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I know that no-one who experienced the 7.1 magnitude earthquake of September 4th 2010 will forget it. Striking as it did at an hour when most were asleep in their beds, we were awestruck by the forces involved and thankful that, although properties were damaged and services lost, most people escaped unscathed.

Sadly, of course, this was not the case on the 22nd of February the following year when Christchurch was hit by the violent 6.3 magnitude quake, which caused significant loss of life and many injuries as well as large-scale damage.

Here in Selwyn, eight years on from the Greendale fault rupture, most homeowners have had their homes repaired and broken belongings replaced by their insurer or the Earthquake Commission (EQC). In some cases, there have been disputes between insurance companies or EQC and homeowners regarding what should be repaired and how, and in a small number of cases these disputes are still ongoing.

For those who still have outstanding EQC claims, the Government’s Canterbury Earthquakes Insurance Tribunal is unlikely to be the answer some were hoping for. This is because the Tribunal can only decide on simple cases which are not already before the courts, ruling out the vast majority of EQC claims.

At the time of the Canterbury Earthquakes, 99 per cent of Red Zone homeowners were insured against a disaster, having taken out individual insurance policies. Some of those who received payouts for their damaged homes and land in the Residential Red Zone chose to purchase properties here in Selwyn. But what about those who didn’t have insurance?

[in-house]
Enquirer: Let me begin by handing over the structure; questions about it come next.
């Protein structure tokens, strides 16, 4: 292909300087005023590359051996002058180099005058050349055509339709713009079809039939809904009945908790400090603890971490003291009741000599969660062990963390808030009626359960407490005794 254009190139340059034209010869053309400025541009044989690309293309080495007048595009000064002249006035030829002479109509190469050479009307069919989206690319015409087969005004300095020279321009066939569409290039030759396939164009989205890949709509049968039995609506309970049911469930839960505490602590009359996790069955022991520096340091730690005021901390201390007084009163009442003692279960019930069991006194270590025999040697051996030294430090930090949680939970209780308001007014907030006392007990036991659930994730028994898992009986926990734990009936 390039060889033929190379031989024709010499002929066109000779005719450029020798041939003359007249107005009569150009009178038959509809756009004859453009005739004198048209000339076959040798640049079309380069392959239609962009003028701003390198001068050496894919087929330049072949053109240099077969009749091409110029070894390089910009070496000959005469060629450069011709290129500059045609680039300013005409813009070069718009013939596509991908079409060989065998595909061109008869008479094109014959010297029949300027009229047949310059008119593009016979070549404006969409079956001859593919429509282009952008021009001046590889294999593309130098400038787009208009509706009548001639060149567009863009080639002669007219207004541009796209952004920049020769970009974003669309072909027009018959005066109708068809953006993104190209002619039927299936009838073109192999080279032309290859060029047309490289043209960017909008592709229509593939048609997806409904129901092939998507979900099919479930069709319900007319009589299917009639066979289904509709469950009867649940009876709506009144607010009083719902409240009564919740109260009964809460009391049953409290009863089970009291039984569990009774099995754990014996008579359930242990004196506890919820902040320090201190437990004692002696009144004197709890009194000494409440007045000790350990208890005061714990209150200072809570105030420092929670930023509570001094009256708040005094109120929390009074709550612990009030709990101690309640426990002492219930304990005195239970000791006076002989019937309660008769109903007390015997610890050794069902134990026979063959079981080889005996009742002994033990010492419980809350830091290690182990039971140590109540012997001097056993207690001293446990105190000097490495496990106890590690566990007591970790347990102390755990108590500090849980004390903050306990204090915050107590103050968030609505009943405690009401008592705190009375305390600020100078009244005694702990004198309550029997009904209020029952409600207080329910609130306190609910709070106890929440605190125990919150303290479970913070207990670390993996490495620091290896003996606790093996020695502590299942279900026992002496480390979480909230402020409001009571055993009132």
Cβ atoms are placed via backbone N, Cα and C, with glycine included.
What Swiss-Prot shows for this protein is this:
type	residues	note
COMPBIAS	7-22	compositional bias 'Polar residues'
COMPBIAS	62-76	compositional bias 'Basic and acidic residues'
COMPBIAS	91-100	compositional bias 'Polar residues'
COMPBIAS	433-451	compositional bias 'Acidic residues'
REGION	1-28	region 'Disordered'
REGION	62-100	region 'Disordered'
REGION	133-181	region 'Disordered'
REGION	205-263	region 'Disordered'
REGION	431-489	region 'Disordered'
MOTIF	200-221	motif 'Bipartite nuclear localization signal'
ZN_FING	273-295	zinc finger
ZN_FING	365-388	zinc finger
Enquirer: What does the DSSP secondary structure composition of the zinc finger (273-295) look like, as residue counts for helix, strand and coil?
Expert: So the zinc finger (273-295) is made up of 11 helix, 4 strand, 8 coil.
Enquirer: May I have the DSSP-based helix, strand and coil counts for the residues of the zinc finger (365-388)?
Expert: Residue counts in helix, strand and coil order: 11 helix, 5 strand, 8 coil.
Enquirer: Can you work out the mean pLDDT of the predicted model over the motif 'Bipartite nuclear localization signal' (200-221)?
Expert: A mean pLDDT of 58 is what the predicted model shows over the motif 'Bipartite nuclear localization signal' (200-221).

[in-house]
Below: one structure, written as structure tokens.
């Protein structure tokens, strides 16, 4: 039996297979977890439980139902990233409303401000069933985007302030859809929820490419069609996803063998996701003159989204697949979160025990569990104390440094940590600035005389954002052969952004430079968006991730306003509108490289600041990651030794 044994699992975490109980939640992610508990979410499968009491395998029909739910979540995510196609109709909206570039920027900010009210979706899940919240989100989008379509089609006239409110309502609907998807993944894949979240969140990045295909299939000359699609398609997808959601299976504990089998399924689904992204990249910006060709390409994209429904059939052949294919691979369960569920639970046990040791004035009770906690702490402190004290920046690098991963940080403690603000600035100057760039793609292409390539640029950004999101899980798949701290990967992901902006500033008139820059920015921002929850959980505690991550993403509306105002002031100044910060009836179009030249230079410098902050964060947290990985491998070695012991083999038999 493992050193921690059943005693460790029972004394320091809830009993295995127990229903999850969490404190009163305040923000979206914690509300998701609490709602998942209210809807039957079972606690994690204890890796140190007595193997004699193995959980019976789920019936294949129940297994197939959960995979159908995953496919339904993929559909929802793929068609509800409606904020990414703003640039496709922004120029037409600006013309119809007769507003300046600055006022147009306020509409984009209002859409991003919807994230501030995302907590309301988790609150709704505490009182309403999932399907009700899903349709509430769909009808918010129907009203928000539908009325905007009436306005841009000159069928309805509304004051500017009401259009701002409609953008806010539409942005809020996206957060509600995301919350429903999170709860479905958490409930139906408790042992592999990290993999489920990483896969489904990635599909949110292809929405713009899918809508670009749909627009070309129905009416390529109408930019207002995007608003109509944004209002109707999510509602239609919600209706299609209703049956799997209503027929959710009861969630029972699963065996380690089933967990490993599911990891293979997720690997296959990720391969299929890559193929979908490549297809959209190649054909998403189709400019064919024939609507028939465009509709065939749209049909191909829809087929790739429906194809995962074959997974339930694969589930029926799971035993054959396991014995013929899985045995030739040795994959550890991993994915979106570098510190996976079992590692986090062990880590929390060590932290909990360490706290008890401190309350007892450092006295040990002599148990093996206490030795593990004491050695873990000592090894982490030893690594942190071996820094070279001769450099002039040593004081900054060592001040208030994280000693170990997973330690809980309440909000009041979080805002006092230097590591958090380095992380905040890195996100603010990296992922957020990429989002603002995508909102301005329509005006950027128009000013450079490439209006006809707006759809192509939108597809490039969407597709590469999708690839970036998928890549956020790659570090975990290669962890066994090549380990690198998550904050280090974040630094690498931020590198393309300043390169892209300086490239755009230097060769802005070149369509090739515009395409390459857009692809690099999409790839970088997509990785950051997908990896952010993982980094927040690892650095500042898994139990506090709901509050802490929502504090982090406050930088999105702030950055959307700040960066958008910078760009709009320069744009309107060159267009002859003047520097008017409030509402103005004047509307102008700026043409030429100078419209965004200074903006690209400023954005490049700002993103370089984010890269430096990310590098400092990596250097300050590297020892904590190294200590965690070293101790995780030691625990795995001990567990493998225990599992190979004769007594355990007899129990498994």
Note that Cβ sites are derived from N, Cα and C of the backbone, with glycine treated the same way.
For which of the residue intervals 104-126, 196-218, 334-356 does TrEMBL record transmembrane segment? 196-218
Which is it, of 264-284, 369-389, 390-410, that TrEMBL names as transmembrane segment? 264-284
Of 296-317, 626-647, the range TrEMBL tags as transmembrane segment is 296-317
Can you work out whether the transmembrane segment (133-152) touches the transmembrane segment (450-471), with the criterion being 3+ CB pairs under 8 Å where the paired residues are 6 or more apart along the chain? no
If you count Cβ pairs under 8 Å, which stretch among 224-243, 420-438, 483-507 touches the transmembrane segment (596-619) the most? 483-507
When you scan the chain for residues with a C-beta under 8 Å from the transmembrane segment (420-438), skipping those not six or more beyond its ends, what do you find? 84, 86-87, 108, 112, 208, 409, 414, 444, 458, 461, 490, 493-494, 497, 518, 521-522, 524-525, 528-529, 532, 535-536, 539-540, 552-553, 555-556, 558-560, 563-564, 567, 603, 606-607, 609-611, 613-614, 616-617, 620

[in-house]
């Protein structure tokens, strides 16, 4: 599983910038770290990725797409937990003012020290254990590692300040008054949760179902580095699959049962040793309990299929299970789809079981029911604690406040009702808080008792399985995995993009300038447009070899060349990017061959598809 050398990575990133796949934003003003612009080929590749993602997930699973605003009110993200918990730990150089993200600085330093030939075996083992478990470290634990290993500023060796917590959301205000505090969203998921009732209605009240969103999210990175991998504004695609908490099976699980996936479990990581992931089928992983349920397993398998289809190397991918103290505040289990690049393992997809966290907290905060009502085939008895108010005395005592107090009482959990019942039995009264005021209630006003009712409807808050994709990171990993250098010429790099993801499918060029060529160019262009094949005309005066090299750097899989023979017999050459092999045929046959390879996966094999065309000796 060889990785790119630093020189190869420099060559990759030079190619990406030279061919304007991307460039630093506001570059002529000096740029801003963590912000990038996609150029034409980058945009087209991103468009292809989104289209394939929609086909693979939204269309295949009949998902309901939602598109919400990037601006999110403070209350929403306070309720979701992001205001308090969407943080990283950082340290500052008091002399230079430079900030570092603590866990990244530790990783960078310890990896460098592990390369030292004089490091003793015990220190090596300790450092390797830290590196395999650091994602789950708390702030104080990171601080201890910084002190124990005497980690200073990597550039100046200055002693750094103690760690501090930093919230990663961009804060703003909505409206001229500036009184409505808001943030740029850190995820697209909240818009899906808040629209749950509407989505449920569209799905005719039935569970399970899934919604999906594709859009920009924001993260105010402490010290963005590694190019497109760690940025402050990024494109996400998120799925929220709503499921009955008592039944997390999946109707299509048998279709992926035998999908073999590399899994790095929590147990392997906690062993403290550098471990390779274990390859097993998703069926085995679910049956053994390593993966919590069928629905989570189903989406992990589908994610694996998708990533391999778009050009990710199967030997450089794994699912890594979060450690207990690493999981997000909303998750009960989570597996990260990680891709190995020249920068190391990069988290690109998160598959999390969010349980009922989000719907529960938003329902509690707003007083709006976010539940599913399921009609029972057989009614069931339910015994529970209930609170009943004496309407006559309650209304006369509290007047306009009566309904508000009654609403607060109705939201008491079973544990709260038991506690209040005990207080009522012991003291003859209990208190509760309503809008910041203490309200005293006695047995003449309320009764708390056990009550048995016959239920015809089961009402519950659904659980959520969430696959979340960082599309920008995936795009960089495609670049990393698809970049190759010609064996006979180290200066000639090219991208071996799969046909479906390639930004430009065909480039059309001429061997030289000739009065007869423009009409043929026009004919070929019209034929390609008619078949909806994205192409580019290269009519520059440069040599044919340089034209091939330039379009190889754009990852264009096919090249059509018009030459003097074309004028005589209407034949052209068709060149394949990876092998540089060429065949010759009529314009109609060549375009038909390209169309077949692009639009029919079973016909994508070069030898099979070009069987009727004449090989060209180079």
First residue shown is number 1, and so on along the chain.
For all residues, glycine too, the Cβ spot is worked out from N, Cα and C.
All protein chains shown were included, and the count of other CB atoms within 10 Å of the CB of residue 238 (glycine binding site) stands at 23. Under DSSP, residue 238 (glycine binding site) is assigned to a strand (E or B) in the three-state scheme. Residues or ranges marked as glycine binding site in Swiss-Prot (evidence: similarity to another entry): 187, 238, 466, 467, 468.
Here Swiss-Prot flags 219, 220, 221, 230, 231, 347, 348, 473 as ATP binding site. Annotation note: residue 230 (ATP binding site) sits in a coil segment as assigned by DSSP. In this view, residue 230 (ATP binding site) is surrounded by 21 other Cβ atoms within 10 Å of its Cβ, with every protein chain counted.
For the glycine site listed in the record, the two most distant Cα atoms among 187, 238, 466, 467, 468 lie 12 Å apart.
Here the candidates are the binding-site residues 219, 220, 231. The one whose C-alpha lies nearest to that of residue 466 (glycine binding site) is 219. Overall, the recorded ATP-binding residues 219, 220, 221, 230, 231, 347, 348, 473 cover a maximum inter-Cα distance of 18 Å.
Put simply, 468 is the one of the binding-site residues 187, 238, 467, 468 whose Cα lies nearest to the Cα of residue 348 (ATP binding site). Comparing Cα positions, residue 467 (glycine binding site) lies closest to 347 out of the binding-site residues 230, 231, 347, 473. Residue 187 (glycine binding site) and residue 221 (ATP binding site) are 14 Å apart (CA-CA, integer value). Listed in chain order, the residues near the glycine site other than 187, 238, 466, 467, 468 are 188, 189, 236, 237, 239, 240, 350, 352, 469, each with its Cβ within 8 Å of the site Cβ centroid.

Recently the Government announced that it will pay owners of uninsured properties in the Residential Red Zone 100 per cent of their pre-earthquake (2007/08) rateable value.

I think that many people would agree that this is fundamentally unfair to those property owners who did pay for their disaster insurance.

At the moment New Zealand has substantial cover for disaster insurance, with most building owners paying for disaster cover. This means that should we experience another event like the Canterbury Earthquakes, we are in a good position to respond and if necessary rebuild.

However, having the Government pick up the entire cost for those who hadn’t taken out their own insurance could set a concerning precedent. There is a real risk that more property owners will choose not to bother paying for disaster insurance and instead expect the Crown to bail them out in future.

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